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Ancile Investment Company Limited v. Archer Daniels Midland Company

March 8, 2011

ANCILE INVESTMENT COMPANY LIMITED, PLAINTIFF,
v.
ARCHER DANIELS MIDLAND COMPANY, DEFENDANT.



The opinion of the court was delivered by: Wood, U.S.D.J.:

OPINION AND ORDER

Plaintiff, Ancile Investment Company Limited ("Plaintiff"), brings this action against Archer Daniels Midland Company ("Defendant"), alleging one claim under the laws of Brazil, and claims under New York state law for (1) breach of duty of bailment; (2) breach of contract; and (3) conversion. Plaintiff's claims are based on Defendant's alleged failure to endorse and deliver certain bills of lading in connection with Plaintiff's financing of sales of fertilizer materials shipped to Brazil.

Defendant moves to dismiss the three claims under New York law pursuant to Federal Rule of Civil Procedure 12(b)(6) for failure to state a claim for which relief can be granted.

For the reasons stated below, the Court GRANTS Defendant's motion to dismiss Plaintiff's New York claims.

I. Background

The following facts are drawn from Plaintiff's Complaint, and are taken as true for the purposes of Defendant's Rule 12(b)(6) motion. See Bell Atlantic Corp. v. Twombly, 550 U.S. 544, 555 (2007).

A. Parties

1. Plaintiff

Plaintiff is a foreign corporation organized and operating under the laws of the Cayman Islands, with its principal place of business in the Cayman Islands. Plaintiff entered into a Credit Facility Agreement with non-party, Solo Vivo Industria E Commercio De Fertilizantes LTDA ("Solo Vivo") under which Plaintiff agreed to make short term loans to Solo Vivo for the purpose of financing Solo Vivo's import and export of goods by ocean vessels. See Amended Complaint (hereinafter "Compl.") ¶¶ 7-8.

2. Defendant

Defendant is a domestic corporation organized under the laws of the State of Delaware. Defendant maintains places of business within the Southern District of New York. Defendant entered into a series of contracts with Solo Vivo (hereinafter the "Fertilizer Contracts") to sell to Solo Vivo certain raw materials for the purpose of manufacturing fertilizer. Compl. ¶¶ 14, 23,

33. These transactions were financed by Plaintiff. Id. ¶¶ 15, 24, 38.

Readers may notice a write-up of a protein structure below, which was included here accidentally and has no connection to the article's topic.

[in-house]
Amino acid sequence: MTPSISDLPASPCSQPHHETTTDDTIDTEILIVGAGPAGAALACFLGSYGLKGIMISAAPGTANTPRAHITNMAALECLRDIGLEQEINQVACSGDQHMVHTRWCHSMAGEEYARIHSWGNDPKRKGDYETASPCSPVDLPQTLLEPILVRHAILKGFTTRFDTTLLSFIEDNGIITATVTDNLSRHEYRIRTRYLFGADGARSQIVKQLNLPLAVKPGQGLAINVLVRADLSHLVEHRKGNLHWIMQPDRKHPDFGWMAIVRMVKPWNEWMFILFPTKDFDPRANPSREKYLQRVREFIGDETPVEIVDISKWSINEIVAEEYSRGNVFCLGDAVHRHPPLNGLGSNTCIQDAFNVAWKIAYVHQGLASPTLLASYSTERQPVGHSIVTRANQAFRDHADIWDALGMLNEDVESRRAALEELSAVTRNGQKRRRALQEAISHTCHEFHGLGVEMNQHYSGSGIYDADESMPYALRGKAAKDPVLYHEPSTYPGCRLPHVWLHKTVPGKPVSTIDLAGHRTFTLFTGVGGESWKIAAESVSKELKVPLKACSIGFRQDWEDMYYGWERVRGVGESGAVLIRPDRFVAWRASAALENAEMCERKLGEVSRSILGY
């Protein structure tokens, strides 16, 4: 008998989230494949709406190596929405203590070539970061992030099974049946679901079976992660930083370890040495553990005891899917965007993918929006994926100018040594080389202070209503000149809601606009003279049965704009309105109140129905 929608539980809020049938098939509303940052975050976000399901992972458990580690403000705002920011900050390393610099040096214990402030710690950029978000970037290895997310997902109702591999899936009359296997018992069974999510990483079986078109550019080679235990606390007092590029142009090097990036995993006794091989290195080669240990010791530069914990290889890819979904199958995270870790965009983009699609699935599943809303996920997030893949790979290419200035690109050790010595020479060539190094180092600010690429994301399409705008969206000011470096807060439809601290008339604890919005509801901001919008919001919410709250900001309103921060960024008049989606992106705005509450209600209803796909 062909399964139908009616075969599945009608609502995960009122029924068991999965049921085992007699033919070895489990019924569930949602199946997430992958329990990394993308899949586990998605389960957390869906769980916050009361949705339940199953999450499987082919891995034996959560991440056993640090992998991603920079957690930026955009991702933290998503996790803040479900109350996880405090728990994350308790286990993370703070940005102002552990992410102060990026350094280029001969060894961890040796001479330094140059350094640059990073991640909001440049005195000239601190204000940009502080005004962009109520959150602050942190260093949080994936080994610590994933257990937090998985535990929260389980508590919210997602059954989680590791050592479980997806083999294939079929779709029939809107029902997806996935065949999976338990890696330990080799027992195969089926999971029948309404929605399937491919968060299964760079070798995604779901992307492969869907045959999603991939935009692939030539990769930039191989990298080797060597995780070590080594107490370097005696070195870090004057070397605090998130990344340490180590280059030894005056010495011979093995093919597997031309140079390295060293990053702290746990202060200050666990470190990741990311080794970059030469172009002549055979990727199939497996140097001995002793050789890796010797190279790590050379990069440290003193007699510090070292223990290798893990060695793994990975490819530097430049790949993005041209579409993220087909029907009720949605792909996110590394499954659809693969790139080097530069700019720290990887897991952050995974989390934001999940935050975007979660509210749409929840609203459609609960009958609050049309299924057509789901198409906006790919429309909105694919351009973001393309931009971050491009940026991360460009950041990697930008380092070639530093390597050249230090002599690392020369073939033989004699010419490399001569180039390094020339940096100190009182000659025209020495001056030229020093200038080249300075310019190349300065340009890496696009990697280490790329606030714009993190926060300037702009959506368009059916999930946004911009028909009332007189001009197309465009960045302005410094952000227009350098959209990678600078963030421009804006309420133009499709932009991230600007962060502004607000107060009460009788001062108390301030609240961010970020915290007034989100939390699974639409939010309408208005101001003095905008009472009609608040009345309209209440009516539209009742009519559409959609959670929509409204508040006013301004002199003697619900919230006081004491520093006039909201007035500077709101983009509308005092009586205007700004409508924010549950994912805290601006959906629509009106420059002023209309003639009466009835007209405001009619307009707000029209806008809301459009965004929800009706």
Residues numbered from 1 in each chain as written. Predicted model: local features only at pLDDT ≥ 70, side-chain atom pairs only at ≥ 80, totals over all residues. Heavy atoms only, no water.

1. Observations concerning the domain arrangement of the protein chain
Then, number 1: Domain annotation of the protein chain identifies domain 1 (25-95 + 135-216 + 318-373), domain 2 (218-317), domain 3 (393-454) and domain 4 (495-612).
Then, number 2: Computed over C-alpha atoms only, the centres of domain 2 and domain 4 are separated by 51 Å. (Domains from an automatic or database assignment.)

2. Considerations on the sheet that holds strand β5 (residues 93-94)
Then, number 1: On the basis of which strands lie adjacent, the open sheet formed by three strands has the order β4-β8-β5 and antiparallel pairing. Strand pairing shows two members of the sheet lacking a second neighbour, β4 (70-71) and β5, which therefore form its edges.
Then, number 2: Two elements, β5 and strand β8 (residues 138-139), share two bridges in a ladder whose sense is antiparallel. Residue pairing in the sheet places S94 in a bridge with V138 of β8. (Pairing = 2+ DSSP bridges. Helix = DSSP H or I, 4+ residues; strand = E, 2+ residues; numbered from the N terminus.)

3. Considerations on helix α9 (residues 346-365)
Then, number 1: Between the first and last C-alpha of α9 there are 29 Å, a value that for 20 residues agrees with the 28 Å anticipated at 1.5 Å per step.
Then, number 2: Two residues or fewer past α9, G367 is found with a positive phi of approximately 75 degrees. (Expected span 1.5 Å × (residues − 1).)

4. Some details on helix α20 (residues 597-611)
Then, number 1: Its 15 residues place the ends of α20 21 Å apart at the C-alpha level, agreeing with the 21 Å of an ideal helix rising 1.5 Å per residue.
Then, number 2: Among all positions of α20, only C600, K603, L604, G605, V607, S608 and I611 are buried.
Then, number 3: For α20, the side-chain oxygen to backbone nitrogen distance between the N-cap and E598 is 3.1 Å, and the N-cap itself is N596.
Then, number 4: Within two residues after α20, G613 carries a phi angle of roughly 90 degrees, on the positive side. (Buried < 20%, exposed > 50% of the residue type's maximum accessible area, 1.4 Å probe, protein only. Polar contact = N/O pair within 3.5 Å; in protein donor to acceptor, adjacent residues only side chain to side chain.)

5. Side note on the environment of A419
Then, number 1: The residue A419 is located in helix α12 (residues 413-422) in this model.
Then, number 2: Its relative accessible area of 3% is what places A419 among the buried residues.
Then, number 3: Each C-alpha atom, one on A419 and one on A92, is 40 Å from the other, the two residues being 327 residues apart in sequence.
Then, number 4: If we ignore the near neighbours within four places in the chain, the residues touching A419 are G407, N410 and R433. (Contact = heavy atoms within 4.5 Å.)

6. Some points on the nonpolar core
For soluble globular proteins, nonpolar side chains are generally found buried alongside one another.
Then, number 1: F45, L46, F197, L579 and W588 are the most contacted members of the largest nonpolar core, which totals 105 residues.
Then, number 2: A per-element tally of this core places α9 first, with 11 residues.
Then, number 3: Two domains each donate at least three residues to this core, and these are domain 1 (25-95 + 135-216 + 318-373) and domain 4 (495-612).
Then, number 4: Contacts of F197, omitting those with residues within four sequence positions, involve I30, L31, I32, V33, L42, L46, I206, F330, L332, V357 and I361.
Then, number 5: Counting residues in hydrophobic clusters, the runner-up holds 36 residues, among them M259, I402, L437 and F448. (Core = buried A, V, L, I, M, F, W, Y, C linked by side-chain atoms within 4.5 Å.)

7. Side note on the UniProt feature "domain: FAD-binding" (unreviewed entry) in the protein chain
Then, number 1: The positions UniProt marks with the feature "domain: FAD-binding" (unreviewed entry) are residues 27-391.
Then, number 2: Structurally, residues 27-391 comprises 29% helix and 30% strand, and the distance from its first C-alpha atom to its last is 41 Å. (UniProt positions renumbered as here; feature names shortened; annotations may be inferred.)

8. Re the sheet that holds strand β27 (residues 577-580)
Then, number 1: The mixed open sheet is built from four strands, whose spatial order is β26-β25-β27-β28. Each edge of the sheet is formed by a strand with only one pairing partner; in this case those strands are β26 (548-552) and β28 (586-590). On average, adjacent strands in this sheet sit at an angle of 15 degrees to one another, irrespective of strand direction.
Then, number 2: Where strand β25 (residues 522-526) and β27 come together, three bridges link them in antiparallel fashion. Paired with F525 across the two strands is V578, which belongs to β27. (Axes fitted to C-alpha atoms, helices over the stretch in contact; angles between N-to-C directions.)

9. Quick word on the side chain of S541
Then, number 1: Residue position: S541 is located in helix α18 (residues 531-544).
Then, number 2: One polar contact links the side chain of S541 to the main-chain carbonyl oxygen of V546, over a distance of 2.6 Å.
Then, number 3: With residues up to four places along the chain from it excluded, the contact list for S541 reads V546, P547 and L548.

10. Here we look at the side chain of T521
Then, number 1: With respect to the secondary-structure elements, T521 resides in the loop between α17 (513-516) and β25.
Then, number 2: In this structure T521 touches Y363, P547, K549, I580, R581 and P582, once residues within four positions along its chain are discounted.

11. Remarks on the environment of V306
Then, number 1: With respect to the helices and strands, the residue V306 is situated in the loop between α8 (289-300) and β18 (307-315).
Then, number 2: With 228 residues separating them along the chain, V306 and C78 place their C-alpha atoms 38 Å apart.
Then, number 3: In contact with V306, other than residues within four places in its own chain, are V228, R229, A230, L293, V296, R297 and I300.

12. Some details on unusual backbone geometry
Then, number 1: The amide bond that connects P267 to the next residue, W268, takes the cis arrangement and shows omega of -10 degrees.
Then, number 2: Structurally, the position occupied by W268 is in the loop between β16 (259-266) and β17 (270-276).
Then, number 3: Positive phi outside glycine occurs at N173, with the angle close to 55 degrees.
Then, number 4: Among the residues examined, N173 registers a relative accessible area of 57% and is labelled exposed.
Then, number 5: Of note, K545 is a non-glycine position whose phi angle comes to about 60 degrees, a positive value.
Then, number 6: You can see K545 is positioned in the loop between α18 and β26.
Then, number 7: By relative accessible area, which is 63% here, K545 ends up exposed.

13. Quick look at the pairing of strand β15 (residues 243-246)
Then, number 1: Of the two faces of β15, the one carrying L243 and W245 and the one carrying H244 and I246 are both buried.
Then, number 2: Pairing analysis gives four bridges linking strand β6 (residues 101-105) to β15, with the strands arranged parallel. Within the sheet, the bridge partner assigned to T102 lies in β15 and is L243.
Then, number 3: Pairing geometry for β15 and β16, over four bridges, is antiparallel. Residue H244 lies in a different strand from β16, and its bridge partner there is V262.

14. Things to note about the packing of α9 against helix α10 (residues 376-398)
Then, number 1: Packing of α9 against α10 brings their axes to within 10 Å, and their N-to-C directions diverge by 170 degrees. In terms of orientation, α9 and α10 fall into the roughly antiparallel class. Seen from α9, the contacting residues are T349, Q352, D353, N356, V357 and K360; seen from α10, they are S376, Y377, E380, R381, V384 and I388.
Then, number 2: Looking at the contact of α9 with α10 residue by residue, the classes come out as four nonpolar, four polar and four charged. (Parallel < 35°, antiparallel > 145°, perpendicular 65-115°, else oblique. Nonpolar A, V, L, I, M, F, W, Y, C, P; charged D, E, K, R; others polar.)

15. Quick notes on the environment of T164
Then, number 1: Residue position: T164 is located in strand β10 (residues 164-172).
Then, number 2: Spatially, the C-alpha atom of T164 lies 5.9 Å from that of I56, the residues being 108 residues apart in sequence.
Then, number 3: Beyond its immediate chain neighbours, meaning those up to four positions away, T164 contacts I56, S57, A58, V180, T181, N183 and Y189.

B. Facts

Plaintiff's Complaint boils down to the following basic allegation: In exchange for Plaintiff's financing of Solo Vivo's purchases of fertilizer materials from Defendant, Solo Vivo "instructed" Defendant to deliver to Plaintiff the bills of lading for each shipment of goods as security for the financing.*fn1 Those bills of lading served as the documents of title to the goods shipped. When Defendant failed to do this, and Solo Vivo defaulted on its payment obligations, Plaintiff was left unpaid, with no way to enforce its security interest in the goods. Compl. ¶ 55.

The financing relationship between Plaintiff and Solo Vivo is set forth in a Credit Facility Agreement (hereinafter the "CFA") entered into in June 2007. Id. ¶ 7. Under the terms of the CFA, Plaintiff agreed to make short-term loans to Solo Vivo to finance Solo Vivo's importation by ocean vessel of raw materials to manufacture fertilizer. Id. ¶¶ 8-9. Plaintiff agreed to advance approximately 83.33% of the invoice amounts, and Solo Vivo would be responsible for paying the remaining 16.67% on such invoices. Id. ¶ 10.

Solo Vivo agreed to provide Plaintiff with security interests in the fertilizer materials pending repayment of the short-term loans. In particular, according to the Complaint, Solo Vivo "agreed to pledge to [Plaintiff] various forms of collateral and guarantees as security . . ., including all Bills of Lading and other documents of title for the goods being financed." Id. ¶ 11.

Plaintiff claims that the basic operation of the CFA in the transactions at issue in this lawsuit was informed by its "prior course of dealing" with Solo Vivo and Defendant. See id. ¶¶ 14-32. As alleged in the Complaint, this prior course of dealing was as follows. In June 2007, Solo Vivo contracted with Defendant to purchase fertilizer materials carried on the ship African Falcon. Id. ¶ 14. The bill of lading for this shipment bore the designation "Bill of Lading No. 4." Id. Plaintiff agreed to finance Solo Vivo's purchase. Solo Vivo instructed Defendant to, upon receipt of payment on the invoices from Plaintiff, endorse Bill of Lading No. 4 to the order of Plaintiff, and deliver the endorsed bill of lading to Plaintiff. Id. ¶¶ 16-17. The bill of lading would then serve as security for Plaintiff's loan. Id. Defendant amended the commercial invoice for the shipment to include identification of Plaintiff's bank account as the source for payment of the invoice. Id. ¶ 19.